By Ginny Schaeffer
…give thanks in all circumstances…
-I Thessalonians 5: 18
It was a frequent exchange between my mother and her four girls. Whenever someone offered one of us the slightest compliment or the smallest of gifts it would go something like this:
Mother: Whadda say?
Child: with head bowed and eyes to the ground, almost in a whisper we would reply, “Thank you.”
Thank you – a simple expression of gratitude. The importance of saying these two words were drilled into our little heads over and over again. We learned to give voice to them before we knew how to count, read or tie our shoes. They were that important.
Over the years, I am sorry to say, that although I did not lose my training, I did seem to lose that attitude of gratitude. It is so easy to do. The very act of saying “thank you” becomes rote, just another societal expectation to fulfill without any real thought of what had been given, the cost to, the effort by or the affection of the giver.
In other words, I also began to take things and even people for granted. Again, easy to do. Our consumer culture works very hard to convince us that it is our right to receive and get whatever we want, and our egos are just delighted to go along with it. Add that to the reality that we live in a country where many of us have what we need and a good bit of what we want (whether we are willing to admit it or not) and it is easy to see how we can slide into the mindset of taking people and things for granted.
I am not proud of this. I am rather embarrassed by it all. I wish I could tell you that gratitude has flowed from my heart since I was in my mother’s womb but, it just ain’t so.
The awareness of my lack of gratitude began to dawn on me several years ago. I was working in public mental health on a team that worked with people who were severely mentally ill (think: schizophrenia, bipolar disorder, major depression, personality disorders, etc…) as well as being chemically dependent. I would sometimes accompany these folks to a 12-step meeting for support and to make sure they got there. It was in these meetings that I began to hear the importance of having an “attitude of gratitude” to obtain and maintain sobriety.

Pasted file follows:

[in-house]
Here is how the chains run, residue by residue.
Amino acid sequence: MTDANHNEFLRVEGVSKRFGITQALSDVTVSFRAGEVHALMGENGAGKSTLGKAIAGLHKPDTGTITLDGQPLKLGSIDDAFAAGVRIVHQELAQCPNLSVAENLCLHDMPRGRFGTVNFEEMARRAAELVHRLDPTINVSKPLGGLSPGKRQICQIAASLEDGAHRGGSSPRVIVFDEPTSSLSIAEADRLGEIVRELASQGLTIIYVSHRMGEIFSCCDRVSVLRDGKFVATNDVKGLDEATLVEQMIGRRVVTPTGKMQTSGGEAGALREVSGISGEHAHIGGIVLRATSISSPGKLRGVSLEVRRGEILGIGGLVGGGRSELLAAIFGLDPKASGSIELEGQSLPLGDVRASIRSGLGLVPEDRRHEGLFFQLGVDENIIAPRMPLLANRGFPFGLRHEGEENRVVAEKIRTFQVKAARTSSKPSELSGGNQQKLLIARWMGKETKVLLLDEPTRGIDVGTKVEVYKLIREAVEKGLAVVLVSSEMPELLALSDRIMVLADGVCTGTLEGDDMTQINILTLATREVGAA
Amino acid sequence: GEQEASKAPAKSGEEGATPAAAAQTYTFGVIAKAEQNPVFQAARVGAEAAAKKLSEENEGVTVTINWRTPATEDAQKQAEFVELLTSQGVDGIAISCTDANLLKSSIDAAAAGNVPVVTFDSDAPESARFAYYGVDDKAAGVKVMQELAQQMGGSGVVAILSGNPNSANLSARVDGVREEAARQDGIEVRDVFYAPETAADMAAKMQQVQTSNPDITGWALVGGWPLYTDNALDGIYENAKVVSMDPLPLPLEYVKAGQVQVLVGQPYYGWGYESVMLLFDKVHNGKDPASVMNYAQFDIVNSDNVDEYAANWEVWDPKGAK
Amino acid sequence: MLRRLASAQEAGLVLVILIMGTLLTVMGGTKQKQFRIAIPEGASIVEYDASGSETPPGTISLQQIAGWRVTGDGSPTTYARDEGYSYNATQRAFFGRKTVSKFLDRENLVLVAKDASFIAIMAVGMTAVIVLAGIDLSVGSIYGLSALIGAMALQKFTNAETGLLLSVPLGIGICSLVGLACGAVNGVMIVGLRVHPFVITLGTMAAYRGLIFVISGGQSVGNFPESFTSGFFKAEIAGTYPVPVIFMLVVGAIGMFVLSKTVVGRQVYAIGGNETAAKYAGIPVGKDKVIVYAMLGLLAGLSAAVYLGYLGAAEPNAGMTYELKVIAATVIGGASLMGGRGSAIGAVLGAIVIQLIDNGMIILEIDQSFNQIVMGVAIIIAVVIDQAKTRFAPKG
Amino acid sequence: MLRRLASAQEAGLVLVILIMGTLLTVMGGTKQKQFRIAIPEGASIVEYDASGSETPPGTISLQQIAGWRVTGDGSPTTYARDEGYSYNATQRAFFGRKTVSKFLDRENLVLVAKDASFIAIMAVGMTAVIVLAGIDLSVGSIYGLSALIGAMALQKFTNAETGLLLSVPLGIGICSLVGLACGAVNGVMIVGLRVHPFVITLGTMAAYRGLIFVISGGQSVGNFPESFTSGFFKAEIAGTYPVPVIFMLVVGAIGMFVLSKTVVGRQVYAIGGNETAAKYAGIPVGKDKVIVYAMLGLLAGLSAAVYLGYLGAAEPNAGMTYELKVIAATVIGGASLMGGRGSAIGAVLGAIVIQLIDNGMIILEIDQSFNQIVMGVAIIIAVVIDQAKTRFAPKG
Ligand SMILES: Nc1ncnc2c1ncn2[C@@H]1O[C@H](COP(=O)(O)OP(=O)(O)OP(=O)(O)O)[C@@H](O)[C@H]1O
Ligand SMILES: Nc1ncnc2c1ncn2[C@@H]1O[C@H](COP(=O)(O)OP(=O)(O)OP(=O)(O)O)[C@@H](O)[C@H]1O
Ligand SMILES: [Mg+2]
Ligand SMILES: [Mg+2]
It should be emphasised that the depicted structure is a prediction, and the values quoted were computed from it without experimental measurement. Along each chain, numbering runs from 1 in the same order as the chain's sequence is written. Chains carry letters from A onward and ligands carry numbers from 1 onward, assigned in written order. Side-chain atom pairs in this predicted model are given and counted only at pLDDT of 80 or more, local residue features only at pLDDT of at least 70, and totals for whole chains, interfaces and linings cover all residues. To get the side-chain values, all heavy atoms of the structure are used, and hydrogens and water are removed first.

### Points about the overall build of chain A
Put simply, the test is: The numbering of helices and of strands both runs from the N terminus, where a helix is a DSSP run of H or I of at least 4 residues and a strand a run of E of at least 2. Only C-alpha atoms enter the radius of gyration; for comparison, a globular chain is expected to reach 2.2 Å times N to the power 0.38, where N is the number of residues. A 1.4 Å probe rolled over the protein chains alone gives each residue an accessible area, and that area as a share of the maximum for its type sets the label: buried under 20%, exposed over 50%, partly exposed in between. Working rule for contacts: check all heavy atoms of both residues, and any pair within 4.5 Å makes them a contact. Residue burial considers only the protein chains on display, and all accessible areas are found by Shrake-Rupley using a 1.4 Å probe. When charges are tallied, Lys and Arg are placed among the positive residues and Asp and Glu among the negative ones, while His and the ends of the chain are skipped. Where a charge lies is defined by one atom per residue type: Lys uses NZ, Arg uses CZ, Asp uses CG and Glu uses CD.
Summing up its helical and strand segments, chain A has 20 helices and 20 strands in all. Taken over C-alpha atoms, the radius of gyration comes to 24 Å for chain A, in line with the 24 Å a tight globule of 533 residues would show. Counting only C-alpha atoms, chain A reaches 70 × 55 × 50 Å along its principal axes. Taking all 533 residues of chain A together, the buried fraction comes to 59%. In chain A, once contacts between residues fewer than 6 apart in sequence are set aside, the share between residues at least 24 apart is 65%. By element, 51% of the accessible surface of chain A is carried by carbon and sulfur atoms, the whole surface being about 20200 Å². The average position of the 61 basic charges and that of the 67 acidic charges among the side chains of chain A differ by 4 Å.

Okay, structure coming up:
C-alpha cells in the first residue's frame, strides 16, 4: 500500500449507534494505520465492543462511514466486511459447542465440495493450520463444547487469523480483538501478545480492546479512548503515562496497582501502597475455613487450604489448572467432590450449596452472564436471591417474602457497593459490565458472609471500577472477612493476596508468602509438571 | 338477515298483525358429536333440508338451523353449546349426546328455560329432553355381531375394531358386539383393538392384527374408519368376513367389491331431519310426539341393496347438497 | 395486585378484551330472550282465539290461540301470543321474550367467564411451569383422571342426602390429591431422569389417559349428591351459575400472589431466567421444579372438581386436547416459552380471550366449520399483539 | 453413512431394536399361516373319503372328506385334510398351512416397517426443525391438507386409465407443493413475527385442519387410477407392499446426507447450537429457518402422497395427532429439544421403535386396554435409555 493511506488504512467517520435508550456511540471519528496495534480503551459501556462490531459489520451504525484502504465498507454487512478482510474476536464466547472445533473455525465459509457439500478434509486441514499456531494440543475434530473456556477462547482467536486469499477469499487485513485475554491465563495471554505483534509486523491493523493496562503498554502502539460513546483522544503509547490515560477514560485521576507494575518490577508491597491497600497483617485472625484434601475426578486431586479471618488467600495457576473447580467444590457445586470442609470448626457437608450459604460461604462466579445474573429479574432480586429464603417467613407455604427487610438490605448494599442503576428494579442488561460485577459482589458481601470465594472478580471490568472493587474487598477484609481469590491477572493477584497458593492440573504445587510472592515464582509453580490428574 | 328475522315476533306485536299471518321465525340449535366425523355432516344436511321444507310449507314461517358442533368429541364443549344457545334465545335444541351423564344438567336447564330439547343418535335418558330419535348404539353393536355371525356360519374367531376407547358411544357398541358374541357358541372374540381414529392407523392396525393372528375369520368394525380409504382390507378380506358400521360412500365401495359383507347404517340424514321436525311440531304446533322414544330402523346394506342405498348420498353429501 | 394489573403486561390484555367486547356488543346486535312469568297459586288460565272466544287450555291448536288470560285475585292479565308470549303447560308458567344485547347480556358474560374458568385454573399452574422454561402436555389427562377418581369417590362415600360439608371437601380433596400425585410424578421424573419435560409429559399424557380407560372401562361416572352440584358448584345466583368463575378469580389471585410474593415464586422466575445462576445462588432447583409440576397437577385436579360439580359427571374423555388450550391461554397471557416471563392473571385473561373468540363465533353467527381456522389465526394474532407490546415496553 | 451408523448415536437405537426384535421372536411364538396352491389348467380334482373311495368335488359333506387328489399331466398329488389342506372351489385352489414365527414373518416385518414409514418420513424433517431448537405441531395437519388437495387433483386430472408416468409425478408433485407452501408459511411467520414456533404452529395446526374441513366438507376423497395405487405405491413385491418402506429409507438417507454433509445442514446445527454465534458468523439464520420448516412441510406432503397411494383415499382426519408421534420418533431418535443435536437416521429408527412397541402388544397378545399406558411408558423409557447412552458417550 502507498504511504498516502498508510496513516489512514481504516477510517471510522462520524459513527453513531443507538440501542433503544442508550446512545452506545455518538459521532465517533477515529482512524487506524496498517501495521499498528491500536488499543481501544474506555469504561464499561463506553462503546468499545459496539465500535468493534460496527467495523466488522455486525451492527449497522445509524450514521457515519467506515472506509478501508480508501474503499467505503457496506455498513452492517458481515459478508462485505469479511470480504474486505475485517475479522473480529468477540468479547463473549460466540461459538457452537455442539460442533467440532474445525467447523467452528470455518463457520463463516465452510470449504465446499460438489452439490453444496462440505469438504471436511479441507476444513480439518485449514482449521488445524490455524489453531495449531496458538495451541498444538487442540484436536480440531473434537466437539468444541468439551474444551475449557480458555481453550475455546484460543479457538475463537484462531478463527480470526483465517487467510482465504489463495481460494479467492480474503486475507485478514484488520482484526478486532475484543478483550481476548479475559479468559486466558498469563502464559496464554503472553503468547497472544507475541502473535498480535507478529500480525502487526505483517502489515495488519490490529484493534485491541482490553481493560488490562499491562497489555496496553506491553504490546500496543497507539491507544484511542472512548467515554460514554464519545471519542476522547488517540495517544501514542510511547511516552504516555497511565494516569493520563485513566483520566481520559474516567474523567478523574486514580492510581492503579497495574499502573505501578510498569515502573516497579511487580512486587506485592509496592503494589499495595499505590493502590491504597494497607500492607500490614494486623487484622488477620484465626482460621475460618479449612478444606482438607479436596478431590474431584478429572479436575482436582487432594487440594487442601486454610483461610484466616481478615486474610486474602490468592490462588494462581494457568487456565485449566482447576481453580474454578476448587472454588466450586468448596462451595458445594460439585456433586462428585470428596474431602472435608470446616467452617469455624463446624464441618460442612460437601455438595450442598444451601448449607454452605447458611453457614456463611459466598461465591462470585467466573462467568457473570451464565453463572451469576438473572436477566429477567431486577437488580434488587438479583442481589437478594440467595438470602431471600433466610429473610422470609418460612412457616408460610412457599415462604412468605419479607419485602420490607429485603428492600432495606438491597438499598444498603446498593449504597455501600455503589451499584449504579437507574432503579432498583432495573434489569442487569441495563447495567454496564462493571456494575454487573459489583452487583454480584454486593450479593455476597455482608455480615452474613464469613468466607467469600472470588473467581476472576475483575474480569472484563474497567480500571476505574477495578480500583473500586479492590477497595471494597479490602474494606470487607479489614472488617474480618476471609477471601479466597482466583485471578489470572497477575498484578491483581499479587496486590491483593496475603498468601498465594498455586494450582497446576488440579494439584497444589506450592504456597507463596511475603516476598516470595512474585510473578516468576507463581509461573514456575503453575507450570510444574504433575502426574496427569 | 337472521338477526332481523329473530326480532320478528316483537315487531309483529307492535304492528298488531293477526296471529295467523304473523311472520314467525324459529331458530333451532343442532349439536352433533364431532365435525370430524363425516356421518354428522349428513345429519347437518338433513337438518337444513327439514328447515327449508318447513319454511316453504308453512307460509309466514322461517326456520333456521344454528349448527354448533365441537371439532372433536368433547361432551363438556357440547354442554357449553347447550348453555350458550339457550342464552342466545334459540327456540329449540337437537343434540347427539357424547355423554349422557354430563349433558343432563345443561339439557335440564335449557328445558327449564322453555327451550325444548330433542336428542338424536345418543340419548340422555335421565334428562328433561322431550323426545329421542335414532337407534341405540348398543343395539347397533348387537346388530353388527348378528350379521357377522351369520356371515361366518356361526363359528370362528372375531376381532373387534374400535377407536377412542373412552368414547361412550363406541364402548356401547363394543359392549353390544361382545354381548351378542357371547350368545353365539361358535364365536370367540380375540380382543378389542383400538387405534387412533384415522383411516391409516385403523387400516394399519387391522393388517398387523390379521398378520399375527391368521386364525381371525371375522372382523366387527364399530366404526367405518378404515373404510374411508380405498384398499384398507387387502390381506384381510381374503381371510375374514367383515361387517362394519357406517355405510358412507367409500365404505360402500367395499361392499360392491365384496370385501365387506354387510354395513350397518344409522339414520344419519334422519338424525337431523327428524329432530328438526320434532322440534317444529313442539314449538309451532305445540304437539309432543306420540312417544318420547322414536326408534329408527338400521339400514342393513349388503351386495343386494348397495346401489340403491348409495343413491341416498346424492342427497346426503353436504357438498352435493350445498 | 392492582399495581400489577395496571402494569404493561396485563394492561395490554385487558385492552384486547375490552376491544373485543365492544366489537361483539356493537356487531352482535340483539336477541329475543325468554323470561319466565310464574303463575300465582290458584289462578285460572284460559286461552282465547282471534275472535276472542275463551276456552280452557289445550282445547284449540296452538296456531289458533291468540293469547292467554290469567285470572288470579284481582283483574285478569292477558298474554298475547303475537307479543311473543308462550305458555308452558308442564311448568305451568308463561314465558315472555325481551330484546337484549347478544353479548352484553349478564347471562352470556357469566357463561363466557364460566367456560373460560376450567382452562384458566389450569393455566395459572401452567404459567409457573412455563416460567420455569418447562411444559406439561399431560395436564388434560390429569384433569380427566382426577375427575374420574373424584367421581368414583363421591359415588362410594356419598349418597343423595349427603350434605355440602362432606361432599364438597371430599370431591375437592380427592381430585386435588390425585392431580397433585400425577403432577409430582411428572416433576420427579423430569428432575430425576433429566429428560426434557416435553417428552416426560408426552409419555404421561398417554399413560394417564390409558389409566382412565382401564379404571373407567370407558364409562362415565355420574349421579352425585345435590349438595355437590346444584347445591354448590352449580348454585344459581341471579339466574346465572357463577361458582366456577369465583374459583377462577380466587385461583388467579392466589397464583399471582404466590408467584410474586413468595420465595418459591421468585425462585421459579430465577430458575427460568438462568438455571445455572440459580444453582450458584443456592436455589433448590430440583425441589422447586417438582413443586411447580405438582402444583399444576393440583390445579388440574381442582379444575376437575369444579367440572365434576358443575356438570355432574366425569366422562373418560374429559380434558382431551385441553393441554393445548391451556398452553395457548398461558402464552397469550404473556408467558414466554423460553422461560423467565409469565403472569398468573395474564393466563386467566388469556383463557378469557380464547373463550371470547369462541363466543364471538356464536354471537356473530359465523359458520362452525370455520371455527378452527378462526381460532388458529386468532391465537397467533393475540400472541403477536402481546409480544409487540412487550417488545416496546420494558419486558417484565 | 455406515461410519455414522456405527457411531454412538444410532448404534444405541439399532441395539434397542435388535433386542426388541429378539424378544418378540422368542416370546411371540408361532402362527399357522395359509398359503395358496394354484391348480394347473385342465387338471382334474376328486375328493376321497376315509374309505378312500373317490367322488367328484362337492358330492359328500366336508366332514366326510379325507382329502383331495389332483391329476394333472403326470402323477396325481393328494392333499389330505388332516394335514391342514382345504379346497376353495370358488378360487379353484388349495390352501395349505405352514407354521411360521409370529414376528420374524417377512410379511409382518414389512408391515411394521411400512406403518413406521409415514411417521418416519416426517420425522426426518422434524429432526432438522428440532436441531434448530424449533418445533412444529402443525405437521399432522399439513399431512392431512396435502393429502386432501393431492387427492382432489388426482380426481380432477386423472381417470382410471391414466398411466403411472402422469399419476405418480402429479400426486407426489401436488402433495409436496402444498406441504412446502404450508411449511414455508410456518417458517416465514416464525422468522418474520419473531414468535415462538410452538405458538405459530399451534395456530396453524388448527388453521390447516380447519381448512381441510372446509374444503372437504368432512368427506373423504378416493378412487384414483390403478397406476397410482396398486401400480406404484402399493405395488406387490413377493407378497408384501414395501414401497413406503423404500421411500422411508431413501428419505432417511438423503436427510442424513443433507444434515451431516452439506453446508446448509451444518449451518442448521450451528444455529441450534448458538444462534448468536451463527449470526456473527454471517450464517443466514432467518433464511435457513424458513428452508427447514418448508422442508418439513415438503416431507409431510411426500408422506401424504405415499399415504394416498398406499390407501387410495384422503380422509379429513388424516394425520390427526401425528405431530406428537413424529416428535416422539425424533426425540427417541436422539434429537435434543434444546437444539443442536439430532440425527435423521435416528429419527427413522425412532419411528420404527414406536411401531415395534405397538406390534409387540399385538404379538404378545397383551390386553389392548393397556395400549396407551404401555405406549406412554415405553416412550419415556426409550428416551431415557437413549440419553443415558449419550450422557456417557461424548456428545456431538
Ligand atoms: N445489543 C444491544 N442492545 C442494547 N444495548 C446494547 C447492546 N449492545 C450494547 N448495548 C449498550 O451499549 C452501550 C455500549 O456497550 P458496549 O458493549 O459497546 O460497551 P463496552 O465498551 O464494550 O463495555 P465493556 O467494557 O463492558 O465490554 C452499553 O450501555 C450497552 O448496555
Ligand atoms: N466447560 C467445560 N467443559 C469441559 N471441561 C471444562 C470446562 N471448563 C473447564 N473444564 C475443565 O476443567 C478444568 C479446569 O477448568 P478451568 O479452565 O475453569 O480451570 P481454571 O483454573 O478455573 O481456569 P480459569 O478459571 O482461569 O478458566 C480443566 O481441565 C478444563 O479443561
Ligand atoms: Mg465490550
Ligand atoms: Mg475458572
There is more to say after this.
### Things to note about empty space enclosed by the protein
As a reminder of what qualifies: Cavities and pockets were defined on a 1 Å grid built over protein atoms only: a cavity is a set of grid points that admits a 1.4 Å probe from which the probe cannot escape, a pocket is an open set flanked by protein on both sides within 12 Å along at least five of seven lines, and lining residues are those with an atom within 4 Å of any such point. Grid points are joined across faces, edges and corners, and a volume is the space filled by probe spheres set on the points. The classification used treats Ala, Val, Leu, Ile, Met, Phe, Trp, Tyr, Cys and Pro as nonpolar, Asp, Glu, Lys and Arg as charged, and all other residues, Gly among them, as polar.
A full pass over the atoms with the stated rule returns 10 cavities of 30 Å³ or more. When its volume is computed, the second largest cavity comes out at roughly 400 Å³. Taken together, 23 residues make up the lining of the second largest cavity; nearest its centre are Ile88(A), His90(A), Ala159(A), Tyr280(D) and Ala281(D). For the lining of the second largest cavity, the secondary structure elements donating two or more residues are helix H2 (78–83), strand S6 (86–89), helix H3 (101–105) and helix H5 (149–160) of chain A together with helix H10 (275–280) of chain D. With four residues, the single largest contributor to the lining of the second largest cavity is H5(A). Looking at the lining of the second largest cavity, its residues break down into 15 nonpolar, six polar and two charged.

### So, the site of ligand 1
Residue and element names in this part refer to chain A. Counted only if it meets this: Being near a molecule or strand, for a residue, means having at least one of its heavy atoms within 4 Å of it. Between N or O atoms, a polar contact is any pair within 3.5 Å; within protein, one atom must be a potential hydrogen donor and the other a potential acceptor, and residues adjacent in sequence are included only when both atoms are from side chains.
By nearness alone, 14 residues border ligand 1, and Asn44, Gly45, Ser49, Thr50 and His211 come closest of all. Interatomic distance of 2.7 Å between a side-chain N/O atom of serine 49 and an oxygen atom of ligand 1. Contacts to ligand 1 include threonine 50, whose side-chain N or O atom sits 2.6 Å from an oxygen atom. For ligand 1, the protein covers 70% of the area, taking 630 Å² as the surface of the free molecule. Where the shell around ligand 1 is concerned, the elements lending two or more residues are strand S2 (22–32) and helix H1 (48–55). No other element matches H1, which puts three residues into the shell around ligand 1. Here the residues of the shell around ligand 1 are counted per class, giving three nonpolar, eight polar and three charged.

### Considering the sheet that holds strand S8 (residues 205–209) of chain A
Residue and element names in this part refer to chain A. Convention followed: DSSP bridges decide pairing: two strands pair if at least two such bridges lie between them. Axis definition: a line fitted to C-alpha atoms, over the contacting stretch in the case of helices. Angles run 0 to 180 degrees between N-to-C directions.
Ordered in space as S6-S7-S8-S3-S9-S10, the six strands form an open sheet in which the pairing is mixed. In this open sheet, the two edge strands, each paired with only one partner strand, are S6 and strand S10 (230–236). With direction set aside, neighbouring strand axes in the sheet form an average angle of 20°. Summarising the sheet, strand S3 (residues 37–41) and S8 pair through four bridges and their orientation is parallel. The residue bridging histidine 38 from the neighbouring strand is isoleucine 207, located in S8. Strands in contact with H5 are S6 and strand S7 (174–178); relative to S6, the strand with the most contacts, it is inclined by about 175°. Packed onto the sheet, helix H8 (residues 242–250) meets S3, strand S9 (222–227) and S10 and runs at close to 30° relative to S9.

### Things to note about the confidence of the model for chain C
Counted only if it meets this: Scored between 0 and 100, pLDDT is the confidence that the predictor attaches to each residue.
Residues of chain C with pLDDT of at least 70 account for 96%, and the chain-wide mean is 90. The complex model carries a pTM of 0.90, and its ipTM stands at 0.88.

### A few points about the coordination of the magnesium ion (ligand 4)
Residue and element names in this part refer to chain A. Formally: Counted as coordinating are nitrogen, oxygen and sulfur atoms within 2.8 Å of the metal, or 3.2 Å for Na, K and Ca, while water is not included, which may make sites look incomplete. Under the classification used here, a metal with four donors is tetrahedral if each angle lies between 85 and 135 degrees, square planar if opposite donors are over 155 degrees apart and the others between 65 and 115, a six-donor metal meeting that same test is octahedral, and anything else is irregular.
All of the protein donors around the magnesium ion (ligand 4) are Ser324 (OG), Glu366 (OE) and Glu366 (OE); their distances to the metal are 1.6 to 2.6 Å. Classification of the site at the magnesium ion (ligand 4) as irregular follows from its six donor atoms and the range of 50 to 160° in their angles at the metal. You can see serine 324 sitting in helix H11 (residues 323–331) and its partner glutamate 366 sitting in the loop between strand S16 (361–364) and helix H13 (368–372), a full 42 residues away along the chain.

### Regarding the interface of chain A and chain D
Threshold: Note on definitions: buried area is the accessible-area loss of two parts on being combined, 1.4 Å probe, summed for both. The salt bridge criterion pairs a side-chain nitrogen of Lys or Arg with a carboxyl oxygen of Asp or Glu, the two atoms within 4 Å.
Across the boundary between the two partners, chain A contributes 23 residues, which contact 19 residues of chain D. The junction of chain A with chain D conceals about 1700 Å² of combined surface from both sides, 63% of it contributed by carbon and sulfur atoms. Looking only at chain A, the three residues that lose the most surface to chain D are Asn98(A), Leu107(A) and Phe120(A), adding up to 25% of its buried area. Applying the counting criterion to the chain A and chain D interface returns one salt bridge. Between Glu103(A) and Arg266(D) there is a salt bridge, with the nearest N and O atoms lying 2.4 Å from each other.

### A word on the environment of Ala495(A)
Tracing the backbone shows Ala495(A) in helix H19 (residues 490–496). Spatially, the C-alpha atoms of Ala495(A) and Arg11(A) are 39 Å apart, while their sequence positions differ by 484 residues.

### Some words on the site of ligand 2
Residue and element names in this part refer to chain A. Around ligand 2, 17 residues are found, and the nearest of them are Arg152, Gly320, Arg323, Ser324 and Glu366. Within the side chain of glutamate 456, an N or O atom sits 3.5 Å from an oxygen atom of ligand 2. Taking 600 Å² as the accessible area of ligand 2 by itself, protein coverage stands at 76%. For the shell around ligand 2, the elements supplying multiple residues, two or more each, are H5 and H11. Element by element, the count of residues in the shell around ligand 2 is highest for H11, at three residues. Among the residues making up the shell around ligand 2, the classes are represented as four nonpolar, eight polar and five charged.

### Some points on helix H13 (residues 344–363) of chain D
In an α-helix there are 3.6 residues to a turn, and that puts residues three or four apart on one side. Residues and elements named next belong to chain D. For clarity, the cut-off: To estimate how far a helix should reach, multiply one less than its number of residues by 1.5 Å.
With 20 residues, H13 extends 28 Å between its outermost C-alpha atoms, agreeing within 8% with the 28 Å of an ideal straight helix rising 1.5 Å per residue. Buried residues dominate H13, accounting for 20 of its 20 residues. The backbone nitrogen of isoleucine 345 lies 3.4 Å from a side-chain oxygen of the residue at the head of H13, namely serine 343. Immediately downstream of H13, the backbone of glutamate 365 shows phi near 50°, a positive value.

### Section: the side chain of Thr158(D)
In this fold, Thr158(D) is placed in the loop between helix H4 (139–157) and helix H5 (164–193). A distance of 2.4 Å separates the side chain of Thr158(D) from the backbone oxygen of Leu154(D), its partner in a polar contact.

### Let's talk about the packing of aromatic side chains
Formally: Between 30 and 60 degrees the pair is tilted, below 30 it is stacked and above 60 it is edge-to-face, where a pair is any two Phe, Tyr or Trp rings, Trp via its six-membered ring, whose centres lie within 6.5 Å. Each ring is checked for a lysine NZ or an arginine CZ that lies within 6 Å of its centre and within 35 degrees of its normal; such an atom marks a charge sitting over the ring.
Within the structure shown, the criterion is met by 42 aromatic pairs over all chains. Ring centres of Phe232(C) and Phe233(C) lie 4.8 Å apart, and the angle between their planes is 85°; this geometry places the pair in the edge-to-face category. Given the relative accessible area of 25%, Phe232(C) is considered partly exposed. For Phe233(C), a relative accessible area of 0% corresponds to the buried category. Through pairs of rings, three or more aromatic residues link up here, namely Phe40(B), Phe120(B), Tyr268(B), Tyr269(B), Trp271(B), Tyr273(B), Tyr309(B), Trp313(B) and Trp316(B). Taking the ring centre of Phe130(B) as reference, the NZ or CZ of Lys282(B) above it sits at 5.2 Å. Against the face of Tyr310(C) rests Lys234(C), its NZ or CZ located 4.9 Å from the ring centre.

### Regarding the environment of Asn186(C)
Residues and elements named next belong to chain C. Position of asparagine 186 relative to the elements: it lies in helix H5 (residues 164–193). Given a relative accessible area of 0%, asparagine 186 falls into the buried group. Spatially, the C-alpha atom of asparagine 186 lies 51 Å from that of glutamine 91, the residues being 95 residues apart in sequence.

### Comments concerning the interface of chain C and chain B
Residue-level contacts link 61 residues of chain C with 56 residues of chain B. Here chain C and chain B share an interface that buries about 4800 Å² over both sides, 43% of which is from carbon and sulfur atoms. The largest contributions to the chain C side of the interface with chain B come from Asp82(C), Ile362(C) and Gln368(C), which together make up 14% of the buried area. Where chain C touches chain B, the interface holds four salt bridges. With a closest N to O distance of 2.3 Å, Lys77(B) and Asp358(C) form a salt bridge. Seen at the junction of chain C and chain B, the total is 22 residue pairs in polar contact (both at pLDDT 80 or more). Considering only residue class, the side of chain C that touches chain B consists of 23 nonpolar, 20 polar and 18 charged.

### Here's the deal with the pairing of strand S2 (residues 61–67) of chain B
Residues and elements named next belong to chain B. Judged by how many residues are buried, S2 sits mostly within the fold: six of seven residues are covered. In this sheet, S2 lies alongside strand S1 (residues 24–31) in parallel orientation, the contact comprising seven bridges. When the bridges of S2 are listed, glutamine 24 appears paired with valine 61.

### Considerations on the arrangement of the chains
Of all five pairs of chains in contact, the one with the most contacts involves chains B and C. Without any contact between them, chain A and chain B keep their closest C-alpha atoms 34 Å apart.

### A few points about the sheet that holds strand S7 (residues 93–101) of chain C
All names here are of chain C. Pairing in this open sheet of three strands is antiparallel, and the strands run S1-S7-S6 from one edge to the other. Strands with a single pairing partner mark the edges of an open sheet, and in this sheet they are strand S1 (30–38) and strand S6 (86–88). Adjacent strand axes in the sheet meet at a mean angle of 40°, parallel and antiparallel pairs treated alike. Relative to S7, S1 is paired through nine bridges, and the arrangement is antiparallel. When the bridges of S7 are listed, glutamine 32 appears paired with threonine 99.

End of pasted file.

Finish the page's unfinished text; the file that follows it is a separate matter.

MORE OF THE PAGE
It was apparent to me that this was an attitude that needed to be cultivated and was more than counting your blessings or writing a gratitude list (although these are good ways to start). It required the effort and time to look back over your day or week or life and to ponder that for which you are grateful, to relive the experience or event in all its fullness that might have been missed in the moment, and to allow yourself to feel the gratitude and express it.
In the 12-step world, individuals would be encouraged to practice gratitude when they were on the verge of drinking or using or having a “pity-party” or when they were giving into the sense of being “terminally unique”. In other words when they were suffering and at their most vulnerable.
The “old-timers”, those with long-term sobriety, knew that nurturing an attitude of gratitude will, over time, change the way a person thinks and perceives reality. It is not just about putting on the proverbial rose-colored glasses and pretending that everything is hunky-dory and peachy-keen. It is about learning to accept life, all of it, with clarity, just as it is.
Melody Beattie, well-known author, has this to say about gratitude:
Gratitude unlocks the fulness of life.
It turns what we have into enough,
and more. It turns denial into acceptance,
chaos into order, confusion to clarity…
Gratitude makes sense of our past,
brings peace for today and creates a
vision for tomorrow.
Learning to be grateful causes us to pause and take a deeper look at our lives. We intentionally look back over our day to see what is good, what is right, no matter how small or insignificant it might seem. What we see may not be headline material, but it does not have to be. It may be as commonplace as hearing the birds sing in the morning, the kindness of a stranger letting you merge into traffic, the technology that allows us to stay in touch with loved ones during this time of being physically distanced, a good laugh, a thoughtful gesture, children playing or the touch of a loved one.
If we were ever in need of gratitude it is now. As we continue to face the four great crises of our day (the global pandemic, racial and economic inequality and climate change) it might be easy to give in to cynicism, a sense of helplessness and hopelessness and finally despair. In his book, Riding the Dragon, Robert Wicks names gratitude as one of the virtues necessary to foster the spiritual resilience necessary to face all of life. (The other three are trust, openness and courage.)
During this season of Thanksgiving I am recommitting myself to nurturing an attitude of gratitude within myself. I invite you to do the same. Thank you.
- Take a moment to quiet your mind and heart.
- Invite the Spirit of God to guide you as you look back over your day. Notice what is right with your day, your life. What goodness did you experience? What kindness did you receive or extend? What moment do you want to linger over?
- Ponder and relive this experience or encounter in as much detail as possible. Notice the feelings that arise. Allow yourself to experience them.
- After taking time to sit with this experience, express your gratitude to God, your higher power, the universe and/or the giver.